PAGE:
The narrow lanes in Old Banaras prides itself on having the best mouth-watering traditional dishes that are truly in a class of its own. A gastronomical quest for the best street food in Banaras is deemed complete only if one samples the delicious kachori sabzi, the quintessential breakfast of Banaras and pretty much the whole of Uttar Pradesh.
To say it is a Divine Order to try each and every dish Banaras has to offer will be stretching it a bit, but one bite into the piping hot spicy with a hint of sweet and tangy raswale aloo sabzi served with garam garam kachoris will turn you into a firm believer!
Locals swear that the best kachoris are made in Ram Bhandar (started in 1888), Chachi ki Kachori and Neelu Kachori Bhandar. Banarasi kachoris are either light deep-fried puris or a version of stuffed puris.
Plain puris are made of wheat flour, cumin seeds, ajwain and fried in desi ghee or sunflower oil. Stuffed puris, often called masala kachori has a spicy stuffing of chana dal or moong dal or urad dal. Dal is soaked overnight and ground to a fine paste. It is added to wheat flour, ajwain, semolina, red chilli powder and other spices and mixed well.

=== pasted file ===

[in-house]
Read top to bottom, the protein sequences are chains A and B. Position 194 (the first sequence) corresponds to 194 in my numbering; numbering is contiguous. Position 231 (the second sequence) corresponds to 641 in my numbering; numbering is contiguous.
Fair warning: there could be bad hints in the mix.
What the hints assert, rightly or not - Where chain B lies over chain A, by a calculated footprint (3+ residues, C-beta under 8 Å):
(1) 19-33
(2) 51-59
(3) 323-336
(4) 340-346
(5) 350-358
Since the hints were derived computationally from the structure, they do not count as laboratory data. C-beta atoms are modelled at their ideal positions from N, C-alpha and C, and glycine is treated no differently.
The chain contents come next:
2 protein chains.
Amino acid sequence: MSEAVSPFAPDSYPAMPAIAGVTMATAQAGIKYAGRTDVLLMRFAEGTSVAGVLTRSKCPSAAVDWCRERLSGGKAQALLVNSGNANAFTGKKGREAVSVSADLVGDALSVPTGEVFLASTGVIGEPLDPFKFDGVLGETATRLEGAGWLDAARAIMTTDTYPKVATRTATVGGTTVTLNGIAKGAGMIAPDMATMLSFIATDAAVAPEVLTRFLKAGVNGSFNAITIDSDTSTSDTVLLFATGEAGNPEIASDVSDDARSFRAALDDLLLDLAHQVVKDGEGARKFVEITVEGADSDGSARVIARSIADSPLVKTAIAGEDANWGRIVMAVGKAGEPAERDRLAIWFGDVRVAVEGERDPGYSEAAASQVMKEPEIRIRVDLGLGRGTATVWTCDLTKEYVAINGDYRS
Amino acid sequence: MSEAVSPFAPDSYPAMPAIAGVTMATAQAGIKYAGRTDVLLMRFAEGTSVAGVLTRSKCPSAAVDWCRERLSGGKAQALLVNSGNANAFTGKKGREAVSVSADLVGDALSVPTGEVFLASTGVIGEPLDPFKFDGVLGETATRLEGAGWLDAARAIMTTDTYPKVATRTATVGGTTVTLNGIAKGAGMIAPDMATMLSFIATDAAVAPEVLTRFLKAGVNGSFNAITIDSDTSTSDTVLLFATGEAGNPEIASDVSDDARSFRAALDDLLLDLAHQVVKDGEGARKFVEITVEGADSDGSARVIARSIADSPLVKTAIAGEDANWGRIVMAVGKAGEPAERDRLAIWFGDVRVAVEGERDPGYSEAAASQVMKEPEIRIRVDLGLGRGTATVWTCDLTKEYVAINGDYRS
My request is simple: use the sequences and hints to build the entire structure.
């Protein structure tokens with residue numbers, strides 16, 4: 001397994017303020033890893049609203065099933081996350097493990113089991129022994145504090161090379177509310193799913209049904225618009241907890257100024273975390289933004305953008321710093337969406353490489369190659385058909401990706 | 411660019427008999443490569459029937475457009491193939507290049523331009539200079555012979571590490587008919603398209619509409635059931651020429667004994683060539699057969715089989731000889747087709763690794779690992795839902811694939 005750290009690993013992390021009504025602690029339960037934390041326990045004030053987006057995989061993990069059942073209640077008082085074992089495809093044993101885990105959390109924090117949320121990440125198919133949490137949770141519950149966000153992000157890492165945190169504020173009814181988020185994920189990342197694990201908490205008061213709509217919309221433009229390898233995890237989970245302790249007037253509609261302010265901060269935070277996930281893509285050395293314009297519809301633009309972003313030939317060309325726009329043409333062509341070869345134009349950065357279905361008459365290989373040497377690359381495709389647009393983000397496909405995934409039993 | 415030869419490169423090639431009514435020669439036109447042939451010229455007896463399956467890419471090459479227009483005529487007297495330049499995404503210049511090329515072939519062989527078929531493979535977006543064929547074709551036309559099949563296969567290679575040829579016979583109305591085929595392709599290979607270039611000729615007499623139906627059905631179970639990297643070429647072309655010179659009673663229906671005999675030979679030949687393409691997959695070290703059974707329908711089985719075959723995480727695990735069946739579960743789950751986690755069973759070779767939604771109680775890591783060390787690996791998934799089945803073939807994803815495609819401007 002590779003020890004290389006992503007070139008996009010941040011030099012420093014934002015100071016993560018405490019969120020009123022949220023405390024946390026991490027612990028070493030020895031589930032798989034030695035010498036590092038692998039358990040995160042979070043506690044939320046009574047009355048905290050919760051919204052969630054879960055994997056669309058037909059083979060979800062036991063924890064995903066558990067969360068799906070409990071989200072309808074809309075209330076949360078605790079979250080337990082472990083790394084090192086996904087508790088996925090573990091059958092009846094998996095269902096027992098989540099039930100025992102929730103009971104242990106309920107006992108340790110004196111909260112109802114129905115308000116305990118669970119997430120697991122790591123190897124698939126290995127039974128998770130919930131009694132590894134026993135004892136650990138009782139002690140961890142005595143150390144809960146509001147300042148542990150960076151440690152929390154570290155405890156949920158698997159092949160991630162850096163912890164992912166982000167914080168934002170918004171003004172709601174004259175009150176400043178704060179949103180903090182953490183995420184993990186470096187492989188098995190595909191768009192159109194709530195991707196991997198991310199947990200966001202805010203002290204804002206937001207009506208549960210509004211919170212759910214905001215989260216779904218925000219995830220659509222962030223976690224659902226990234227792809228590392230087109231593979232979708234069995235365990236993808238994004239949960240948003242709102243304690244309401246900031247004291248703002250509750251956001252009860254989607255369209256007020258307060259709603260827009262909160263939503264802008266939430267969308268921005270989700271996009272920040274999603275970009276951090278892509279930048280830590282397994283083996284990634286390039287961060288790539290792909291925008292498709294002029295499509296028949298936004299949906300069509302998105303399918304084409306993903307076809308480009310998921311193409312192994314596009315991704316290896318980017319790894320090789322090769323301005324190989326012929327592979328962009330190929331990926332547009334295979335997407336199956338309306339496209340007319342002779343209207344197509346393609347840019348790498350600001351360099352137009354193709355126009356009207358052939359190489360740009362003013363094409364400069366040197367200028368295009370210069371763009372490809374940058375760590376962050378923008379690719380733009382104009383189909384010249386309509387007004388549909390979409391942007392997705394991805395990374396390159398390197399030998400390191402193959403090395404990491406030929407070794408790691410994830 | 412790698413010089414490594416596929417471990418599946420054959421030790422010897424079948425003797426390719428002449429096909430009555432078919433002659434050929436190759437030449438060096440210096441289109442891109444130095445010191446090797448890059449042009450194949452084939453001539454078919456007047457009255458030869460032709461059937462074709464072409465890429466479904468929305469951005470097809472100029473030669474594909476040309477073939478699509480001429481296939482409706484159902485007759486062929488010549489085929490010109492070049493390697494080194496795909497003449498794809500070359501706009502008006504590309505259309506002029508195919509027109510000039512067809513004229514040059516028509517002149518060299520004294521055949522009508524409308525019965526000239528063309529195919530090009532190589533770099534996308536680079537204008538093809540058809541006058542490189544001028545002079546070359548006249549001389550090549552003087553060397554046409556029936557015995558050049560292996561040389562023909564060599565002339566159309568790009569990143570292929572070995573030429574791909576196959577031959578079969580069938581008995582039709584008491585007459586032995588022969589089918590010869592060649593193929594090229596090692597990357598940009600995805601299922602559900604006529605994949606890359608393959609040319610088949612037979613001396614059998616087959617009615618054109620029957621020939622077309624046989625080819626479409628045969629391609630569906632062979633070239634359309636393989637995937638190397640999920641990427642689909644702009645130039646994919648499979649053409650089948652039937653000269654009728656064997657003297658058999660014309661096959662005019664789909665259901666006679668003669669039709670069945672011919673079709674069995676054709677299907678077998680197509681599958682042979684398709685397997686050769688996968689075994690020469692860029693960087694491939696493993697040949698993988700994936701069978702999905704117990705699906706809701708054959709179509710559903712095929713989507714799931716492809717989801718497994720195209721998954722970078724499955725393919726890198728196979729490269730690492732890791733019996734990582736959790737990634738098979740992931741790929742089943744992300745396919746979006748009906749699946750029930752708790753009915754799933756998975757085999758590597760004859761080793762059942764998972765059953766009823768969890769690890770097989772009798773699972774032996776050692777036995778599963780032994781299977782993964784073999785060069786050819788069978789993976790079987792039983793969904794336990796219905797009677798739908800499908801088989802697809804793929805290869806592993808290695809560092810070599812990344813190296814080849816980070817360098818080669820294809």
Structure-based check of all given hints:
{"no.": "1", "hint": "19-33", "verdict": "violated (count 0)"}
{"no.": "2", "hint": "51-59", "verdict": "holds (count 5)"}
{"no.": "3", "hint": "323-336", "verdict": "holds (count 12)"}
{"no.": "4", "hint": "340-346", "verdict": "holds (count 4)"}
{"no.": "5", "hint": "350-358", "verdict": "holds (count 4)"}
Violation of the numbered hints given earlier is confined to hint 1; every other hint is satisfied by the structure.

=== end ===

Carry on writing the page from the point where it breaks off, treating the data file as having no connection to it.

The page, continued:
It is important that the dough is soft and easy to work with. Small balls are made and rolled out like puris and fried in desi ghee or sunflower oil. As the kachoris are deep-fried, the curry served that is normally either chole or raswale aloo sabzi or gravy with pakodas is very light on the stomach, largely watery and packed with spices to balance the grease.
Another popular kachori is the chana dal hing kachori that is served with chana tari. This kachori, though small in size packs a punch in terms of flavour. Aloo wale kachoris are equally popular and served with chane ki sabzi.
The ideal way to finish your lip-smacking kachori sabzi breakfast is to indulge in one or a couple of finger-licking jalebis made in desi ghee and dipped in a sinfully sweet sugary syrup.
Written by Lakshmi Subramanian
* Photos are only symbolic (Taken from public domain/internet and any copyright infringement is unintentional and regrettable)